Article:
It looks like Uber may soon merge with Southeast Asia’s Grab, according to a CNBC report on Saturday (Feb. 17).
According to CNBC, “Uber is preparing to sell its Southeast Asia business to Singapore’s Grab in exchange for a sizable stake in the company.”
The report came from two sources who chose to remain anonymous due to the confidentiality of the transactions between the two ride-hailing app giants.
In December, Japanese tech company SoftBank bought about 15 percent of stakes from Uber’s existing investors and it looks like Uber wants a bigger slice of their deal.
Sources told CNBC that this move is part of Uber’s plan to recover its “battered reputation”, make the business more financially disciplined, and turn out profits after having its operations suspended in certain Southeast Asian cities.
In 2017, Uber’s losses went up to 61 percent amounting to US $4.5 billion. Uber CEO Dara Khosrowshahi explained how they simply have a hard time competing with local transportation operators.
“I think the team ran through an inventory of where we competed, and if we compete on let’s say even on a dollar-for-dollar basis against the local player, paying the same amount to drivers, collecting the same amount from riders, in general where we are now is, if both players are kind of spending equally we tend to win share,” Khosrowshahi said at the Goldman Sachs Technology and Internet Conference in San Francisco earlier this week.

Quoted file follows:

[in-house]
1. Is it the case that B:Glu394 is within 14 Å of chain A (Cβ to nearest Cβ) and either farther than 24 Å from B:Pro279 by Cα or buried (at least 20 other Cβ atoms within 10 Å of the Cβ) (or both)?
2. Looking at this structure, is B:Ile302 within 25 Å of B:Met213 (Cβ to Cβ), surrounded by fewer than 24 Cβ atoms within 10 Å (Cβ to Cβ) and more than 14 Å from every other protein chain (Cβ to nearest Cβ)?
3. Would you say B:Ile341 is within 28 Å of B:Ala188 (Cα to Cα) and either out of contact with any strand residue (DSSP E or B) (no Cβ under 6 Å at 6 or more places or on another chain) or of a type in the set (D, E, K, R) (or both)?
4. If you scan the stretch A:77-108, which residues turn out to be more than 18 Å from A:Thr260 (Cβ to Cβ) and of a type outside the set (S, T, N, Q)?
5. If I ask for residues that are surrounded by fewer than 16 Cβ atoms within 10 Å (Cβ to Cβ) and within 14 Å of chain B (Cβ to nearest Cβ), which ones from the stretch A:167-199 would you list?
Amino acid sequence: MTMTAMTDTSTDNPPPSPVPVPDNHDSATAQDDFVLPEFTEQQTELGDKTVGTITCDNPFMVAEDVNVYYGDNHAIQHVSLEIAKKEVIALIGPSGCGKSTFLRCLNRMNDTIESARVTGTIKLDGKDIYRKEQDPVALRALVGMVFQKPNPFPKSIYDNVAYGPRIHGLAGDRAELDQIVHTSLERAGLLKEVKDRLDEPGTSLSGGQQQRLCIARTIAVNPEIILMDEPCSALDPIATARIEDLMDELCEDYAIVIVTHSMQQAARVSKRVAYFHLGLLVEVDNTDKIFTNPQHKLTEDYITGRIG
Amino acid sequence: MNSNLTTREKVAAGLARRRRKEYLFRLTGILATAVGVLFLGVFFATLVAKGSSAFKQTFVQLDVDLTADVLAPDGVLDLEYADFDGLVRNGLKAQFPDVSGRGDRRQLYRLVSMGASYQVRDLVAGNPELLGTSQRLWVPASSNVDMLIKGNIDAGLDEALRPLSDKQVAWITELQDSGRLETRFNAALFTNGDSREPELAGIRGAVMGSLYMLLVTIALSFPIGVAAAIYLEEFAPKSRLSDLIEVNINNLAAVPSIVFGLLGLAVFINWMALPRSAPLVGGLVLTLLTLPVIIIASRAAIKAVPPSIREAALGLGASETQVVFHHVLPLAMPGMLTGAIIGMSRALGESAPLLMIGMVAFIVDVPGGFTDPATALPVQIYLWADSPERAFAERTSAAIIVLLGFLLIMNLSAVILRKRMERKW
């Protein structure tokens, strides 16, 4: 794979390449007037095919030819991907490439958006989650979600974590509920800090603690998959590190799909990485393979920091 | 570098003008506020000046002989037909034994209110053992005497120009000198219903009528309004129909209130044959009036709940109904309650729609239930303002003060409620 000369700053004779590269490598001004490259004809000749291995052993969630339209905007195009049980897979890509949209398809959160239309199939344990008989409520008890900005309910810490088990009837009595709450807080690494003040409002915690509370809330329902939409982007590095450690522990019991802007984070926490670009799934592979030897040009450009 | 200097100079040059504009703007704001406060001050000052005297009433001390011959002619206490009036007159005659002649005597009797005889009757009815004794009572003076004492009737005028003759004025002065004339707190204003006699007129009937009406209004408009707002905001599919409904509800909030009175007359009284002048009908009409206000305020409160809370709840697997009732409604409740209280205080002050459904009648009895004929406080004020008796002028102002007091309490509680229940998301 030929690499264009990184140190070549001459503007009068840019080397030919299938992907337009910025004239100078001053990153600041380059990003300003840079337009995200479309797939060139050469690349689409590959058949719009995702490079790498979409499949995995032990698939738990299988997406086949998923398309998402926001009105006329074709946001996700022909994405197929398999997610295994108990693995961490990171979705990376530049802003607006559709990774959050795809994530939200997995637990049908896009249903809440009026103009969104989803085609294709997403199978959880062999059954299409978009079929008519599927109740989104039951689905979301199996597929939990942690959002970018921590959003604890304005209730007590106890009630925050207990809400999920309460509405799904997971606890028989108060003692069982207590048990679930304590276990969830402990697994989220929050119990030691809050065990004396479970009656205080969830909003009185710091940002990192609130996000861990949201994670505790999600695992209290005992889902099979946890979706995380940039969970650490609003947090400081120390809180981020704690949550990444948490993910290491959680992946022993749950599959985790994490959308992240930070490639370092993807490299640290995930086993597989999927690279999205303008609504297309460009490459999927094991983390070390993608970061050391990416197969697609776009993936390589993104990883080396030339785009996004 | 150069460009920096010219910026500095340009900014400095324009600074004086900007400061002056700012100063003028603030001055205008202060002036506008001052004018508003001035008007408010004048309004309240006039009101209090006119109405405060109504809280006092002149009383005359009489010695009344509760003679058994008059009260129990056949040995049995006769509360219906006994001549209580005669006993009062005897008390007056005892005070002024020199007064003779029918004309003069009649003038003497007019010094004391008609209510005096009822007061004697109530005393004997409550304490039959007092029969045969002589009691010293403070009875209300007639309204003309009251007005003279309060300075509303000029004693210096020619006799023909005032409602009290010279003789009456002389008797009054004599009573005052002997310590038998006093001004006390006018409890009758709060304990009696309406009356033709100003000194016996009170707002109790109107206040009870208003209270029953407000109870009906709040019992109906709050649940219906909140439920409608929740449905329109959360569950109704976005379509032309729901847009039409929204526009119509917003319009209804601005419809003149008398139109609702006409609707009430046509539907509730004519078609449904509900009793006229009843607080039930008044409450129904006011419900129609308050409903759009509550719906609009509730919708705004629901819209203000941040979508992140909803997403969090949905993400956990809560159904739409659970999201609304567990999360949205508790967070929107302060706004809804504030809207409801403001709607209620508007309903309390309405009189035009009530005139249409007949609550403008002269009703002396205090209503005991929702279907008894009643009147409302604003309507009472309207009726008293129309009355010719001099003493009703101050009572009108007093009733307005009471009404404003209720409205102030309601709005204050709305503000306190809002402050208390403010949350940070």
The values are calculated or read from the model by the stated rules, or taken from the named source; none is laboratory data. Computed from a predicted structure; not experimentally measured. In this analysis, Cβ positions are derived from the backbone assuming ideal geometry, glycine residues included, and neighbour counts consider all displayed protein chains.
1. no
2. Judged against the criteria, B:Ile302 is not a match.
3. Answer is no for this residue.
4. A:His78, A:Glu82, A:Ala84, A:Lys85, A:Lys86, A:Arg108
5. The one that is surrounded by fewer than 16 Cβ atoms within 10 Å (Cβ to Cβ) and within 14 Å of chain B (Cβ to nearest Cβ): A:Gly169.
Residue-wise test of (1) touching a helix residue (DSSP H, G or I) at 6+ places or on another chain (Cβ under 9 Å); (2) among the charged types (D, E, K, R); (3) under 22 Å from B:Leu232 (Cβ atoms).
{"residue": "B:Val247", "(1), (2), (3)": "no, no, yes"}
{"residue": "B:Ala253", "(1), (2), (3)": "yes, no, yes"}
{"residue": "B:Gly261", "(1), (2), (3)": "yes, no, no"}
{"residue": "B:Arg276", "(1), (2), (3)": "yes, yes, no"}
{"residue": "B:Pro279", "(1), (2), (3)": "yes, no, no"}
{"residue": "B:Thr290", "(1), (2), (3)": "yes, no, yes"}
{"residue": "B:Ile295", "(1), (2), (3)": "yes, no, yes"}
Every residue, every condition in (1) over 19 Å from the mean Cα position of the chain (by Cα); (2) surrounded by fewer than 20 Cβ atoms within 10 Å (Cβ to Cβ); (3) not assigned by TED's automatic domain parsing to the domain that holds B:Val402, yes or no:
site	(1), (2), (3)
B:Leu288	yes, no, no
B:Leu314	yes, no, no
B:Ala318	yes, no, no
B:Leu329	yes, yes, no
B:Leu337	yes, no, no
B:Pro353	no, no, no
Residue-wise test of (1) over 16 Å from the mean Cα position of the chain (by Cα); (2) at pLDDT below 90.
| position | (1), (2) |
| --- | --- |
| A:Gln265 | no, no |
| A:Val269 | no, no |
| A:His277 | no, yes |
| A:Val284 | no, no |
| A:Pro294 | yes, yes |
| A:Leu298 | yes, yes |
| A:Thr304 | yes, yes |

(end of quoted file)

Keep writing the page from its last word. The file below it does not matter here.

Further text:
“We’ve got a better brand, we’ve got better technology, better network, etc. Whatever it is, we tend to win share. There’s certain markets, China and Russia, where that wasn’t true. And if your only competitive advantage, or the only reason you can be in a market is because you can spend money, that’s not exactly a reasonable proposition,” Khosrowshahi adds.
However, this isn’t the first time Uber to sold part of its ownership. In China, local company Didi owns 20 percent; while in Russia, Yandex owns 37 percent of the business.
If Uber’s deal with Grab pushes through, this will make SoftBank an even bigger player in the ride-hailing/sharing industry. It already owns shares in Didi, India’s Ola, and Brazil’s 99, according to CNBC.
The companies have not reached a final agreement yet and there’s no timeframe as to when it will finalized. Both Uber and Grab have not issued a statement about the report.
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